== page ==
• Moving on now. You can’t speak the local language and you’ve had relatively little exposure to their culture, so don’t presume that you are in a position to evaluate patient-doctor communication.
    • Likewise, you are not in a position to evaluate the residents ‘and staff’s decision making. Stating that physicians at KBTH order the one test they think is the most important and then hope for the best is incredulous. First, it assumes that all patients presenting to KBTH can only afford one test – not true. Second, it implies that physicians at KBTH have tossed evidence-based medicine to the wind in favor of shooting from the hip – also not true. In fact, far from the truth. The consultants at KBTH happen to be board-certified by the West African College of Surgeons (at least 14 years of post-secondary education and training), so I’m not sure what gives a student the credentials to go about casting doubt on their clinical judgment. Further, don’t sensationalize the physical exam as if it is the only tool that doctors at your elective site have at their disposal. With the modernization of medicine, we are, both literally and symbolically, losing touch with our patients. In the dawn of artificial intelligence, perhaps watching the TED talk called, “A Doctor’s Touch” by Dr. Abraham Verghese would be helpful for any medical student who doubts the importance of the physical exam in his or her own practice.

Thanks for reading. Happy reflecting!

-AJK

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The Art of Medicine and the Science of Big Data

415727A reflection on my experience in the Division of Cardiac Critical Care at SickKids

27OCT2017                                                                                                (20 minute reading time)

From October 16th through 27th 2017, I had the immense privilege of completing an observership within the Cardiac Critical Care Unit (CCCU) at the Hospital for Sick Children (SickKids) in Toronto, Canada. I must admit that the CCCU was overwhelming in many aspects. Overwhelmingly complex, yet overwhelmingly specialized. Overwhelmingly busy, yet overwhelmingly efficient. Just imagine placing a four-year old into the cockpit of a Boeing 787 Dreamliner and telling him to, “Go for it. Take off, and deliver us to our destination safely.” I’m the four-year-old. The CCCU is the Boeing. Need I say more?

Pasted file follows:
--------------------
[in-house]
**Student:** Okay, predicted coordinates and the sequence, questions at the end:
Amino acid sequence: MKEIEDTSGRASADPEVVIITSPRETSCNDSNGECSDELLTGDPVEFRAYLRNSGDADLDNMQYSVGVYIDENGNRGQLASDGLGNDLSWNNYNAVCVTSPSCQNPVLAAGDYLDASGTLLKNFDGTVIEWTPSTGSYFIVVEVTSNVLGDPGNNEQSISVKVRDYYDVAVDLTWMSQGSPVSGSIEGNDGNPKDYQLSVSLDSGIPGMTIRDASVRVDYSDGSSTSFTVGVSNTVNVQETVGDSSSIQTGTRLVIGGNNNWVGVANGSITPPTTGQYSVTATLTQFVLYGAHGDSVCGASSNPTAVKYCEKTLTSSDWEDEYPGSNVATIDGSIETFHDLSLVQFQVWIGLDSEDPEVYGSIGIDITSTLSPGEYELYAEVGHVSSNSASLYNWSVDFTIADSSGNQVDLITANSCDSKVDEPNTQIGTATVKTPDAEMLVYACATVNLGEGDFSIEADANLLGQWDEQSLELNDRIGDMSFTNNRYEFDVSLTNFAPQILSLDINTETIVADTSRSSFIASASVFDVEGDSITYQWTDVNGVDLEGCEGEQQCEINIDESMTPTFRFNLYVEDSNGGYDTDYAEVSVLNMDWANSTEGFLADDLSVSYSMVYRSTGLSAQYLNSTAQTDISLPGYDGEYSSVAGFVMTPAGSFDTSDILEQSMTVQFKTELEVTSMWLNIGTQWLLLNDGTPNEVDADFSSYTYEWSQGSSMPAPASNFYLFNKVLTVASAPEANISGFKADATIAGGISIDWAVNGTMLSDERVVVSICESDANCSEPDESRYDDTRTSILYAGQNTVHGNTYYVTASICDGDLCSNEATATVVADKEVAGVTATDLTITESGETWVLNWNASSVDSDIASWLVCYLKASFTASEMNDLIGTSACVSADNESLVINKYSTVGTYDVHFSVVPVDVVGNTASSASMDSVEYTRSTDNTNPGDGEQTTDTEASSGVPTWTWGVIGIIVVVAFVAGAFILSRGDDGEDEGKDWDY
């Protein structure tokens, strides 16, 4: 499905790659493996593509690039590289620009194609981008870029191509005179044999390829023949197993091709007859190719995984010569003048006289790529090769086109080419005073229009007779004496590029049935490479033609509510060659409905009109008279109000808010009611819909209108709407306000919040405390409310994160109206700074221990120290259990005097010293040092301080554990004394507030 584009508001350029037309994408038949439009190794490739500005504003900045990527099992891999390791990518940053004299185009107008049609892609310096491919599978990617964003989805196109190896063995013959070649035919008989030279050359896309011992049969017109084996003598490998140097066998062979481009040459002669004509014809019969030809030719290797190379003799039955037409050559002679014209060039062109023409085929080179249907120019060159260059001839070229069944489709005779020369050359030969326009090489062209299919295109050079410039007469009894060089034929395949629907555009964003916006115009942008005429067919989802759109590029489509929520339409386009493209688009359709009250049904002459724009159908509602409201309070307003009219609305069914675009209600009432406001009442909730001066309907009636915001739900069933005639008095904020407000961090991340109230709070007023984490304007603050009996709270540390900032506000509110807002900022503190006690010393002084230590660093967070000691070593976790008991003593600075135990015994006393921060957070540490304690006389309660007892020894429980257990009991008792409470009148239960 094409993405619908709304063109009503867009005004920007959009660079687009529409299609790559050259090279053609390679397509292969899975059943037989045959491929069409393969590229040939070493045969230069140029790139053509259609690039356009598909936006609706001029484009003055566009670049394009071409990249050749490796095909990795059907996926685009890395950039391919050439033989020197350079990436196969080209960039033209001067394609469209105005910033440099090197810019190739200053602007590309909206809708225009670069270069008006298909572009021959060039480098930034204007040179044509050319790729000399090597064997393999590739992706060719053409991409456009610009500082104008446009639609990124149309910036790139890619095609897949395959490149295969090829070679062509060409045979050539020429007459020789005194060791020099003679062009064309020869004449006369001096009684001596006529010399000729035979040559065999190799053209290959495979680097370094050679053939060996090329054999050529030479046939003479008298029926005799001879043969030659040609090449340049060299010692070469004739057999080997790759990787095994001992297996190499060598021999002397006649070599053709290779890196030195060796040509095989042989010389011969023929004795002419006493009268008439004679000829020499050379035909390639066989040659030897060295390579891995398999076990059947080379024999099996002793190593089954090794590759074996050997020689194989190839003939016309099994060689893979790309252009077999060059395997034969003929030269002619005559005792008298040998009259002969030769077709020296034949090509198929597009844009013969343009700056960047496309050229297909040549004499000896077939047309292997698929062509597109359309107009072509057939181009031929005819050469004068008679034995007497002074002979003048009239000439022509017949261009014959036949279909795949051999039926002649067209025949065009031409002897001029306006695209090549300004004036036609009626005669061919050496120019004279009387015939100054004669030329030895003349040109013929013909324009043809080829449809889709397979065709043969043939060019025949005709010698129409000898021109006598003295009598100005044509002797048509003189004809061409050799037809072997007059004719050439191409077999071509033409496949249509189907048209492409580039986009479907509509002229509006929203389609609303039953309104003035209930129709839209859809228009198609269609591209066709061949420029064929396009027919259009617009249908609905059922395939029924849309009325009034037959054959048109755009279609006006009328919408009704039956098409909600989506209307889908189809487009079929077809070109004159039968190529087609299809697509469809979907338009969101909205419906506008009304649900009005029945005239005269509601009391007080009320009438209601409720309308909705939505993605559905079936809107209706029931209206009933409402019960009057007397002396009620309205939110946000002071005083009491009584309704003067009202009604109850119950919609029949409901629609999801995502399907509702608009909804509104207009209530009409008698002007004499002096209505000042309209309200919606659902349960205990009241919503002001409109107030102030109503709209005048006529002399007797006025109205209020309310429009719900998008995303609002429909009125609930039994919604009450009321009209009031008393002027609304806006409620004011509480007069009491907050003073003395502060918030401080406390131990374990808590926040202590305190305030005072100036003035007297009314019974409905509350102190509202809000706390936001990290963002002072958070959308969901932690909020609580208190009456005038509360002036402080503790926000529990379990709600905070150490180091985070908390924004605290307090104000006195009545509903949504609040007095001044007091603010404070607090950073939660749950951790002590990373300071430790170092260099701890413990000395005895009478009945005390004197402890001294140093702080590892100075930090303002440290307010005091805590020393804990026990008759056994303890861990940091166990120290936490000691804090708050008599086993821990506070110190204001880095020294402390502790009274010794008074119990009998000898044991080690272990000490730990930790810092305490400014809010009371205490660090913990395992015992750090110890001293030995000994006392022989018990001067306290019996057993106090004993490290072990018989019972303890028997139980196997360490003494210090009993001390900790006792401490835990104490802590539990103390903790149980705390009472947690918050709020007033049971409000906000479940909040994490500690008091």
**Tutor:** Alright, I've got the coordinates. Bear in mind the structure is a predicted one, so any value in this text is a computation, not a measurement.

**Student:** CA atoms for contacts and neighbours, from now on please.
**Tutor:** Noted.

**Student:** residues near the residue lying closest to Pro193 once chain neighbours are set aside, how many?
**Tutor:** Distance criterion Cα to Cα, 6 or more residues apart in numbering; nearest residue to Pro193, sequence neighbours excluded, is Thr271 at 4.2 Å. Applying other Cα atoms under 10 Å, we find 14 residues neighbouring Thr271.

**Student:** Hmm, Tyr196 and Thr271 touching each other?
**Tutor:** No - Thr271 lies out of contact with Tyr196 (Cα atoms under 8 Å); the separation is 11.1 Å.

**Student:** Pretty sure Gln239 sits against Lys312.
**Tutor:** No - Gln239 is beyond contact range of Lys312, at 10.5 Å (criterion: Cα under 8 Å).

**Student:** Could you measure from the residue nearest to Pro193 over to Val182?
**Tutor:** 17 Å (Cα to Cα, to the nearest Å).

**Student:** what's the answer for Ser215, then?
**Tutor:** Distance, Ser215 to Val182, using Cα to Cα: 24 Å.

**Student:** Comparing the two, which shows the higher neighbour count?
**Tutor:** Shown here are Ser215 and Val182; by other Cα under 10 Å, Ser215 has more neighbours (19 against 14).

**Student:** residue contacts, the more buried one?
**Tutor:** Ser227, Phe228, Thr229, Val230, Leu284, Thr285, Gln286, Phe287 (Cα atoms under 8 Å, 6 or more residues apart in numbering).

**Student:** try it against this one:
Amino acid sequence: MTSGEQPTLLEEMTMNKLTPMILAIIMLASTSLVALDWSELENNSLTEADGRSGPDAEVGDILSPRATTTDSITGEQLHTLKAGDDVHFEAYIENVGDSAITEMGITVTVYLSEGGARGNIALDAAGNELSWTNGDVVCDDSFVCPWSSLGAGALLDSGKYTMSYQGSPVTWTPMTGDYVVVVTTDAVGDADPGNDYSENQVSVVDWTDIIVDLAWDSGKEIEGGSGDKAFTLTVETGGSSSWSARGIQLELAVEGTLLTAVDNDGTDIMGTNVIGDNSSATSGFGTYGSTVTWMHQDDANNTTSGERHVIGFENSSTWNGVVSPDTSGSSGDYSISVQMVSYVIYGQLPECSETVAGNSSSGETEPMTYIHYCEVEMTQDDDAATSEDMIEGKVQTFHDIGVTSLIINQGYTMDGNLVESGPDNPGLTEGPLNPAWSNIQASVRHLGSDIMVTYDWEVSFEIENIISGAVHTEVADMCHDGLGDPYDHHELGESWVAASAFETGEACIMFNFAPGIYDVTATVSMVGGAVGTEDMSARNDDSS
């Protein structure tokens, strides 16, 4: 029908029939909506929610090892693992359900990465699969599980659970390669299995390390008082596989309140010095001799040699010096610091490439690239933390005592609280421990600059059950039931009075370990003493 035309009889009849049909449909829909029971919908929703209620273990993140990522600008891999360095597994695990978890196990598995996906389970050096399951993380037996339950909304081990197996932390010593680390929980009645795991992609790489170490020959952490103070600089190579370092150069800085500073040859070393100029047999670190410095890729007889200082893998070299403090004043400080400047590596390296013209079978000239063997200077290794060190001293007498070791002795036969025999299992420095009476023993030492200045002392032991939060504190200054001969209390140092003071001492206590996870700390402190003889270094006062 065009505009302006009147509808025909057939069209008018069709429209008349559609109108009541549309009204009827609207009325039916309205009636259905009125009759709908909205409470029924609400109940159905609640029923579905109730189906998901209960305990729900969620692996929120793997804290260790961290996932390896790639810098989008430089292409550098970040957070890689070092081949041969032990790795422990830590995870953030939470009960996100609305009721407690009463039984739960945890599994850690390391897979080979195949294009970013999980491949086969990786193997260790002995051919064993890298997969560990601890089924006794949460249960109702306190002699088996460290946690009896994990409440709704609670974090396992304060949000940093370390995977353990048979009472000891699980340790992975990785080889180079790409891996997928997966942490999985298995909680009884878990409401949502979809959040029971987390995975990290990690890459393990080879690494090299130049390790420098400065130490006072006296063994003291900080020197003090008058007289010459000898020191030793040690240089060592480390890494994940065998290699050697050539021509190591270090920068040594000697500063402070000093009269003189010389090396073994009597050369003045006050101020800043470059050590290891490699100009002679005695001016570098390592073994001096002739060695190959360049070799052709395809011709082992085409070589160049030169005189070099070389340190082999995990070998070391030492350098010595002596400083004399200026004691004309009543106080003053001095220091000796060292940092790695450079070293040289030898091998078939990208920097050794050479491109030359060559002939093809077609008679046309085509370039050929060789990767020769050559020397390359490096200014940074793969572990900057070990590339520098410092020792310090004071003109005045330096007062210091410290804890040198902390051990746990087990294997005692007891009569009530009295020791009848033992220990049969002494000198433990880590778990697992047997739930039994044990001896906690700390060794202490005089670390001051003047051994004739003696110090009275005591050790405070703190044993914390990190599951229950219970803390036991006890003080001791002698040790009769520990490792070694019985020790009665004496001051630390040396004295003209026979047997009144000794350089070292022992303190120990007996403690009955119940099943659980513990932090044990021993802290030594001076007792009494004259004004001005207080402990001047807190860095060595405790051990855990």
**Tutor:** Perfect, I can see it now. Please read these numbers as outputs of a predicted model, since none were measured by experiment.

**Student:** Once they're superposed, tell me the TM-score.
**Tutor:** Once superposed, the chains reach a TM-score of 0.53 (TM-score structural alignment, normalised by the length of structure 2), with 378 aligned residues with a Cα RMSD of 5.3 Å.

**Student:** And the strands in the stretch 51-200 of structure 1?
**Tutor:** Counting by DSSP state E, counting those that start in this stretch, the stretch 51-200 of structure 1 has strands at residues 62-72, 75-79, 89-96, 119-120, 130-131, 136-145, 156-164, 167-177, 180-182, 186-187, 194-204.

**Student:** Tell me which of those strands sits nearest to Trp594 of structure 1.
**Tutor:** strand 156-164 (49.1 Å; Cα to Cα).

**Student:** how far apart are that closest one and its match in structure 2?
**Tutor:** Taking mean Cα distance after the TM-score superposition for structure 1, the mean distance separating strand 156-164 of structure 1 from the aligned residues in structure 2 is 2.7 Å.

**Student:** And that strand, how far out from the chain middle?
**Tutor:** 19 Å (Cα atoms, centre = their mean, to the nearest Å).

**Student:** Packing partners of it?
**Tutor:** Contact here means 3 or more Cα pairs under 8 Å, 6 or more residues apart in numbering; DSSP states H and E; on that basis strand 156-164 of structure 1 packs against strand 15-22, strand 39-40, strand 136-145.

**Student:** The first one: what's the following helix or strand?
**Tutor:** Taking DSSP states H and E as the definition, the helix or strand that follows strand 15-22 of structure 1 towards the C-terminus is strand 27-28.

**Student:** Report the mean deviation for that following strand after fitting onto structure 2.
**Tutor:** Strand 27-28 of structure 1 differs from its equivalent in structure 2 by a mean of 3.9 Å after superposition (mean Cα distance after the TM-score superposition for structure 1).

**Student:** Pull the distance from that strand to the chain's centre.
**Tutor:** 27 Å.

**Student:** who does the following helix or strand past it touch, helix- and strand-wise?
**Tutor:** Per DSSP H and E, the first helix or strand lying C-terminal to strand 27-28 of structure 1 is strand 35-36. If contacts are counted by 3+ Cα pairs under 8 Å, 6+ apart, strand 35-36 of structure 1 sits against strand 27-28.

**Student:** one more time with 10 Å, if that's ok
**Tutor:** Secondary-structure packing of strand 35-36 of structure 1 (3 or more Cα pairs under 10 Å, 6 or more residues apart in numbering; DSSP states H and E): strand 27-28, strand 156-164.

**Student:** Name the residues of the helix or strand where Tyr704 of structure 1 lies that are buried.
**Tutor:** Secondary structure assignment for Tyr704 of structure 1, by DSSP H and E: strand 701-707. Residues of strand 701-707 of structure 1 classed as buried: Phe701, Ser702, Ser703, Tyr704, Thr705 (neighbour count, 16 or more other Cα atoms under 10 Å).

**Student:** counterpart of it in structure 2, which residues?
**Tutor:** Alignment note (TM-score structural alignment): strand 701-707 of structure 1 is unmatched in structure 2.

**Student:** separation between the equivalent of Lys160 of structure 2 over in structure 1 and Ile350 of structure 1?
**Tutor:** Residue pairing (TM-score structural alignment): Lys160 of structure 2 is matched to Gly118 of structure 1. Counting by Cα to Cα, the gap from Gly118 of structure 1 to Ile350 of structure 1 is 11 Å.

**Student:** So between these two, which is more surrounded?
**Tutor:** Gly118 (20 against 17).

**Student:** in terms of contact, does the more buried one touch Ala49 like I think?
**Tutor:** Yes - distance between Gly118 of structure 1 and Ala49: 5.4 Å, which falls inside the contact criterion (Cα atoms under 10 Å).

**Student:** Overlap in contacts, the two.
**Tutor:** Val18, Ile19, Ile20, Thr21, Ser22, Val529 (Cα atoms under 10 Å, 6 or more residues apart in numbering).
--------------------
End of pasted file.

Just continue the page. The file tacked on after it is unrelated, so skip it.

Established in 2006, the Division was the first of its kind in Canada. It has about a half dozen staff physicians, dedicated nursing and interprofessional staff, about a dozen fellows, and a 23 bed critical care unit. While rounding with the fellows and staff physicians, I saw and was taught about children with the most complex medical pathology in the country and witnessed the administration of commensurately advanced and ground-breaking treatments; however, although this would be an incredibly fascinating topic, it will not be the topic of my reflection here. Rather, I would like to reflect on the primary objective of my visit to SickKids: to interpose myself at the interface where critical care medicine meets data science and, thereby, learn about the application of data science in medicine. While I am a far cry from an expert in either field, I will attempt to share a few thoughts I have had over these two weeks including why big data in medicine interests me, why it should interest the medical community, and my perspective of the data science program at the SickKids CCCU.

My professional background is in mechanical engineering, and I’m currently completing my fourth year of medical school. Risking over-generalization, I will admit that my experiences in the classroom and clinic during medical school have taught me that the practice of medicine is more of an art than a science. As a trainee, I have not found peace with this notion but derive comfort in that, given time and practice, I will become a better artist. For the time being, I prefer the scientific approach to clinical problems, an approach inculcated during my training and practice as an engineer, an approach that is broad and multifaceted, team-oriented, step-wise, calculated, and endears a clear understanding of the background, problem definition, specifications, and real-world constraints. The scientific approach may not be time efficient but is incumbent upon trainees because they lack the knowledge and experience to approach medicine otherwise. I was introduced to helpful ideas related to this dilemma early in my medical training by two faculty members in particular.

First, Dr. David Haase, an infectious disease physician, taught me about the maturational pathway of trainees, which could be applied to any field of practice: we all begin as unconsciously incompetent and, with training, progress to become consciously incompetent, then unconsciously competent, and, finally, consciously competent. A trainee in the incompetent stages attempting to practice medicine as an art would be nothing short of guess work; trainees must take the scientific approach. As competence is gained over years of study and practice, the trainee matures, and the transition from the scientific to artistic approach becomes possible while maintaining a good outcome.